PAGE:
• Develop and apply computational methods that enable the construction and comparison of senescence trajectories for cells using single-cell omics data;
  • Drive your own research within the laboratory, working closely with the group leader and the wider consortium, while also demonstrating creativity and initiative to develop novel approaches and research questions;
  • Write up research work for presentation and publication;
  • Communicate material of a specialist or highly technical nature clearly and appropriately to the group, institute and at scientific conferences;
  • Contribute to the smooth running of the research group and assist in supervision of junior lab members.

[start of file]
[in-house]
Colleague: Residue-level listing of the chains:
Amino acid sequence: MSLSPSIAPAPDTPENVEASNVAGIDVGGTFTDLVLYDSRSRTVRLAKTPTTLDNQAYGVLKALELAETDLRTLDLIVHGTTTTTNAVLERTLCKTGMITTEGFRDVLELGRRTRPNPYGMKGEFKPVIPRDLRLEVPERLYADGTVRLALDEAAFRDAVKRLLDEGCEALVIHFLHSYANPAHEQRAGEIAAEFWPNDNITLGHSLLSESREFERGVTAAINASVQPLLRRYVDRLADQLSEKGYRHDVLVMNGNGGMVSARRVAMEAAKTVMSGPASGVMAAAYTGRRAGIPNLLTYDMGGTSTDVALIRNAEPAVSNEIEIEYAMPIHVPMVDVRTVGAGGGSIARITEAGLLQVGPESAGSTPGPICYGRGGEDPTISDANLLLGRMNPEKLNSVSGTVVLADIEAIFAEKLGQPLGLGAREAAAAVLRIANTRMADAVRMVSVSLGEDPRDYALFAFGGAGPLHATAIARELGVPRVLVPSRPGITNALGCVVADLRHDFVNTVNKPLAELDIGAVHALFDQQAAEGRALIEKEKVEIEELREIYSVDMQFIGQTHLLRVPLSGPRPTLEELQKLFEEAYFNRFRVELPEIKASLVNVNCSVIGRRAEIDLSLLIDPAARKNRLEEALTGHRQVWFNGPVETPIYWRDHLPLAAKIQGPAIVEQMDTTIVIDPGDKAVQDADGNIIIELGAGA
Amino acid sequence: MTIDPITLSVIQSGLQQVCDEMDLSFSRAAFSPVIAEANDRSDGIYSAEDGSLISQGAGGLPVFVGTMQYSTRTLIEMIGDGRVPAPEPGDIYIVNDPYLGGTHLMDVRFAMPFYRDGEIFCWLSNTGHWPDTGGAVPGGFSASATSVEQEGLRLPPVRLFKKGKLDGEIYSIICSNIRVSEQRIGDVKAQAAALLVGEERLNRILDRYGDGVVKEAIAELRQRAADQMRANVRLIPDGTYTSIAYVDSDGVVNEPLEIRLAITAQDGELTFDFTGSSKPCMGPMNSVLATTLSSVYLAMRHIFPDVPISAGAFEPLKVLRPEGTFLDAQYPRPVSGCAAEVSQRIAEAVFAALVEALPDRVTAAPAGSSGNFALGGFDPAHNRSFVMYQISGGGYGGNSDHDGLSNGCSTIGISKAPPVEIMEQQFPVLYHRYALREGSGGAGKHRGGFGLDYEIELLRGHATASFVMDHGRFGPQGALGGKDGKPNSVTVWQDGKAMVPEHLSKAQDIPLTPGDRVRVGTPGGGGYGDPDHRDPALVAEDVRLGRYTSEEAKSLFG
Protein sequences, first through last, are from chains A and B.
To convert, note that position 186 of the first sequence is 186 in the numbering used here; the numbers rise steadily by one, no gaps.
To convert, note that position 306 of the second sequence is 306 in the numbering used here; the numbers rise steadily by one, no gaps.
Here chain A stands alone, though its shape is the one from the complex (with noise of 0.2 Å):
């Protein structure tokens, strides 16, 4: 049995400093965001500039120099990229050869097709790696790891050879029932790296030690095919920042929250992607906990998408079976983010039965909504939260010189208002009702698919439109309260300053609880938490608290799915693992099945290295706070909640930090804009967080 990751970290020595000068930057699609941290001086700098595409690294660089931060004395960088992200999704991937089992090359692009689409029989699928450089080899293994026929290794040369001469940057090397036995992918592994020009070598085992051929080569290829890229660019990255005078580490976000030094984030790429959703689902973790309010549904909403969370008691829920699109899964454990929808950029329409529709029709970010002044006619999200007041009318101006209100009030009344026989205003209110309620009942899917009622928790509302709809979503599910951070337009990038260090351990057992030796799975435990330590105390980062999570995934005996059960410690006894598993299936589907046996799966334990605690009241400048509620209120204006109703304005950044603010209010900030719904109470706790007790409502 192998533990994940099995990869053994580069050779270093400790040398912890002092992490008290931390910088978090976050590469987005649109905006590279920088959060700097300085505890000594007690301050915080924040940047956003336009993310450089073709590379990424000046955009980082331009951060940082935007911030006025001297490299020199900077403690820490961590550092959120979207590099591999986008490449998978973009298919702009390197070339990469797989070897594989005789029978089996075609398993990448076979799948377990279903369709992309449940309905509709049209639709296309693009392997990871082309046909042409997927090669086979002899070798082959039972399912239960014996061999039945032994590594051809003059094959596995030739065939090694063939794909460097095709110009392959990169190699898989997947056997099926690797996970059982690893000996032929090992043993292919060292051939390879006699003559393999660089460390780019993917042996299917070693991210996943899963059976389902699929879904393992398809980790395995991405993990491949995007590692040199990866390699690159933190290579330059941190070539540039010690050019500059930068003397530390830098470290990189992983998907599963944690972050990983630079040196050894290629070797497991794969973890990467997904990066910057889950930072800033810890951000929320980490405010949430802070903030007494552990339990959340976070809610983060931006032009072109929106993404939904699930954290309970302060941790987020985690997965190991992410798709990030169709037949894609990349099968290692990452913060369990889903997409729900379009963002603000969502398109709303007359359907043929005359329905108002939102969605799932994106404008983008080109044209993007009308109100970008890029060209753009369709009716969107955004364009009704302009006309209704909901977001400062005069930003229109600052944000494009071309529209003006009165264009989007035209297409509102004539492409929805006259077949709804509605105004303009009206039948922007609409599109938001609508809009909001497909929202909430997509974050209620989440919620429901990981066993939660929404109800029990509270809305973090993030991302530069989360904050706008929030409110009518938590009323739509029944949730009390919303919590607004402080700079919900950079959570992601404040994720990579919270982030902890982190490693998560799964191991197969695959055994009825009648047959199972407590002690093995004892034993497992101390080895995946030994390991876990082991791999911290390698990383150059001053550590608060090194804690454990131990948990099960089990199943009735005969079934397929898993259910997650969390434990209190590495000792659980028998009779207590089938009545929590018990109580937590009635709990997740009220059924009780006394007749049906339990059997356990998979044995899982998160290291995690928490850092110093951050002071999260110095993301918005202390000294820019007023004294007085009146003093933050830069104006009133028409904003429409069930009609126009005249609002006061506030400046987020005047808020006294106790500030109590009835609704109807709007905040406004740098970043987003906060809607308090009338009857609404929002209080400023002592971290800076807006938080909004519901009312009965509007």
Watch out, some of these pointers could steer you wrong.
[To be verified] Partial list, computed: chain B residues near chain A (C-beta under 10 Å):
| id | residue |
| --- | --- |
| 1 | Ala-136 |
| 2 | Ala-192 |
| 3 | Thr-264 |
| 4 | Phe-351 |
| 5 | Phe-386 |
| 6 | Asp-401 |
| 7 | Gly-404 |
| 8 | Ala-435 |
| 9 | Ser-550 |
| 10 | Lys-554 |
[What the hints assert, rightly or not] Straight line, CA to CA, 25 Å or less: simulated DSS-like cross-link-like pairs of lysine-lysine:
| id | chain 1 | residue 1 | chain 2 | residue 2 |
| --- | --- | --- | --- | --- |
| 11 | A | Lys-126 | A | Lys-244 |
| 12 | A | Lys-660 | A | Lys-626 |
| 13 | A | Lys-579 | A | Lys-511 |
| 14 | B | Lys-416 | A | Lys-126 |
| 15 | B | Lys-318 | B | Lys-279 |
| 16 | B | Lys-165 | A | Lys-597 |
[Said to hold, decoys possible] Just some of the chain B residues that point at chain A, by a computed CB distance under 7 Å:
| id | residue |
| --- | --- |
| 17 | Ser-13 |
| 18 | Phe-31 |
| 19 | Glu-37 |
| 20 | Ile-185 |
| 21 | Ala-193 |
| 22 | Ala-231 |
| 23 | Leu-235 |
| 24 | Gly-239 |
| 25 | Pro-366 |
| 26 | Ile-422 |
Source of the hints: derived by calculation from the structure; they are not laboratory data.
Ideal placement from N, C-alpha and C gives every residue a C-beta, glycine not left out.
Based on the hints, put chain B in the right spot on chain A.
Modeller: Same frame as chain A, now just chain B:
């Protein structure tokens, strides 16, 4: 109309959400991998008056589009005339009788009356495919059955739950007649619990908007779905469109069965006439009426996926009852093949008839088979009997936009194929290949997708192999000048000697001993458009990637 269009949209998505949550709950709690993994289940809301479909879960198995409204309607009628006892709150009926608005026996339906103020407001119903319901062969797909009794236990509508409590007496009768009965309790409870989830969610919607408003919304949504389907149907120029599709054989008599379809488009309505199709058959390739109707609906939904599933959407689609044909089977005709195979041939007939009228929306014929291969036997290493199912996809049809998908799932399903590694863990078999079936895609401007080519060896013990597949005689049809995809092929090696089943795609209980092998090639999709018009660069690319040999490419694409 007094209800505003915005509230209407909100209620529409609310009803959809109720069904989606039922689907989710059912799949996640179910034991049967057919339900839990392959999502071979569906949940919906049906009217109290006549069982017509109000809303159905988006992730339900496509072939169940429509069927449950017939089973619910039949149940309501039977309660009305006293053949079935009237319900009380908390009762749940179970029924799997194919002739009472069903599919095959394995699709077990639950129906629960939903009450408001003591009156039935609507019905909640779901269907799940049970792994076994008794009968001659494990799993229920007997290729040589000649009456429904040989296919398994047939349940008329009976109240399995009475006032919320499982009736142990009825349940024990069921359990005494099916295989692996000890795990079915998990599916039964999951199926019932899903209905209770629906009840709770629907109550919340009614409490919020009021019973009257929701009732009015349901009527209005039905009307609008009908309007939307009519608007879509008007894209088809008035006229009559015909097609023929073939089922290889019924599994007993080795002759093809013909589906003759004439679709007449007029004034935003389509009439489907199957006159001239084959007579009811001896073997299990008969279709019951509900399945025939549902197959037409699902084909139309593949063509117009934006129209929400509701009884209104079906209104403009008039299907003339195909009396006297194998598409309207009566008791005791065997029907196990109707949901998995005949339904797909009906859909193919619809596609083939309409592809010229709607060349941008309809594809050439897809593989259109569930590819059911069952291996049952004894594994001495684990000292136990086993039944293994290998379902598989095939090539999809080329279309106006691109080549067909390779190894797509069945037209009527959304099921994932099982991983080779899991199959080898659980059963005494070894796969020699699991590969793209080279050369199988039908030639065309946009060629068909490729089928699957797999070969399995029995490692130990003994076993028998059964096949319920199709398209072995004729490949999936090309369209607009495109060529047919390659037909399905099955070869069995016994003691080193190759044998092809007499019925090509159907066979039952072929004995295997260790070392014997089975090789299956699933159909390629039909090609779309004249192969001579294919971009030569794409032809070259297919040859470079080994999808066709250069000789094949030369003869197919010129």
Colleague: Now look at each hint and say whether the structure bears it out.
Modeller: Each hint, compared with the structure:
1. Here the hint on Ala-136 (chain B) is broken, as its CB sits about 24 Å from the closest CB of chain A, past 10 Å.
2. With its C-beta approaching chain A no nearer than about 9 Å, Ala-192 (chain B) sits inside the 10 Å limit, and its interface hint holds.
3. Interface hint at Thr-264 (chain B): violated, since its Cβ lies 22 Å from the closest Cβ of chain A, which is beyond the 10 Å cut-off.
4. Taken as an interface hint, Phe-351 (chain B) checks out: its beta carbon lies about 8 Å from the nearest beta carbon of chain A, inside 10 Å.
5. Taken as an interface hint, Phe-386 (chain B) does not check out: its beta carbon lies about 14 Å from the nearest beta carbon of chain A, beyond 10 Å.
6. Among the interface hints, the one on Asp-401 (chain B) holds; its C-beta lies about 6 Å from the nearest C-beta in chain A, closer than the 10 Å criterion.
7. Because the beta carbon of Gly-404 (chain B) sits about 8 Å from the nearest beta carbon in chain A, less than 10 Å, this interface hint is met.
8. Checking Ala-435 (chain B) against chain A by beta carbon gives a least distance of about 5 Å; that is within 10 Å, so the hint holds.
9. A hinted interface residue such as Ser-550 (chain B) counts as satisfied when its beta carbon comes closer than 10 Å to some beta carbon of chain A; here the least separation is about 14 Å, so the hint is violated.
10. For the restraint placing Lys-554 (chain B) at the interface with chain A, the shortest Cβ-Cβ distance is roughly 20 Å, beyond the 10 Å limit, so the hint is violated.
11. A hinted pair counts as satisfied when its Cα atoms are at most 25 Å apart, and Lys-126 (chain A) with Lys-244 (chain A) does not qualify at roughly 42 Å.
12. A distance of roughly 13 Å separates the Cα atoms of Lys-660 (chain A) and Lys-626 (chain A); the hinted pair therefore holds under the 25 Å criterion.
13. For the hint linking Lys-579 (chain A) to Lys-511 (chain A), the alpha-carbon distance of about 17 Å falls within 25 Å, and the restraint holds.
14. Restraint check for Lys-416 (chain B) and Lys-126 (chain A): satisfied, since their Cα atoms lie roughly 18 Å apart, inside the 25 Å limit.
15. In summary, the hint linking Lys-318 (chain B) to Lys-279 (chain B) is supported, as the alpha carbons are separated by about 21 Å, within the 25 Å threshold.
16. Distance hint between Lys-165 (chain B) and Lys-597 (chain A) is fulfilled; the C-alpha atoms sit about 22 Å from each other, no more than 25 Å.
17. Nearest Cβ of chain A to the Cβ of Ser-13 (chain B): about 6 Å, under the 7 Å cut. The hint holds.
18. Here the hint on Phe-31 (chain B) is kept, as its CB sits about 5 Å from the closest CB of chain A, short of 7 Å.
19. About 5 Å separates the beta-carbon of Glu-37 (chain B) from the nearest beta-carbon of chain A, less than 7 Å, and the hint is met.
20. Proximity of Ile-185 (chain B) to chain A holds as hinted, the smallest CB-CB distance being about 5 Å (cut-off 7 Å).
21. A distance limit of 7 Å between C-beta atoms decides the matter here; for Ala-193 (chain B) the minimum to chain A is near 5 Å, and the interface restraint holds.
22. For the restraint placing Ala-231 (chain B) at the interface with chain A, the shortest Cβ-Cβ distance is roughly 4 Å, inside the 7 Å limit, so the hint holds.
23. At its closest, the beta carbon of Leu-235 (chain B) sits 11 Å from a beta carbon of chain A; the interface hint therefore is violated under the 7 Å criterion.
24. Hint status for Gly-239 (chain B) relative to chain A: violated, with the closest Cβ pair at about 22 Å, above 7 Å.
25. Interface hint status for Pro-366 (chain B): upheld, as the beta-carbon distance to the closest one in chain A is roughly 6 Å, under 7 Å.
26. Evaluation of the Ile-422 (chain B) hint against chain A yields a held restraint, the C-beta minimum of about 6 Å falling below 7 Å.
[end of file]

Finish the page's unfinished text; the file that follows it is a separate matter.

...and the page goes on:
How to Apply

via our website or direct to this link: https://www.embl.org/jobs/position/EBI01965

Career Blog headlines

Columbia, Student-Workers Reach Deal

Inside Higher Ed reports that after years of negotiation, Columbia University and student-workers there have reached a contract agreement.

Pension Strike Possible

The Guardian reports that university workers in the UK are considering a strike over a proposed pension cut.

Not as Hoped

The Chronicle of Higher Education says Rutgers University faculty are disappointed with a process aimed at addressing pay equity but that they say does not.

Pandemic Push for Grad Student Unions

Science reports that the pandemic has ramped up efforts to unionize among many graduate students.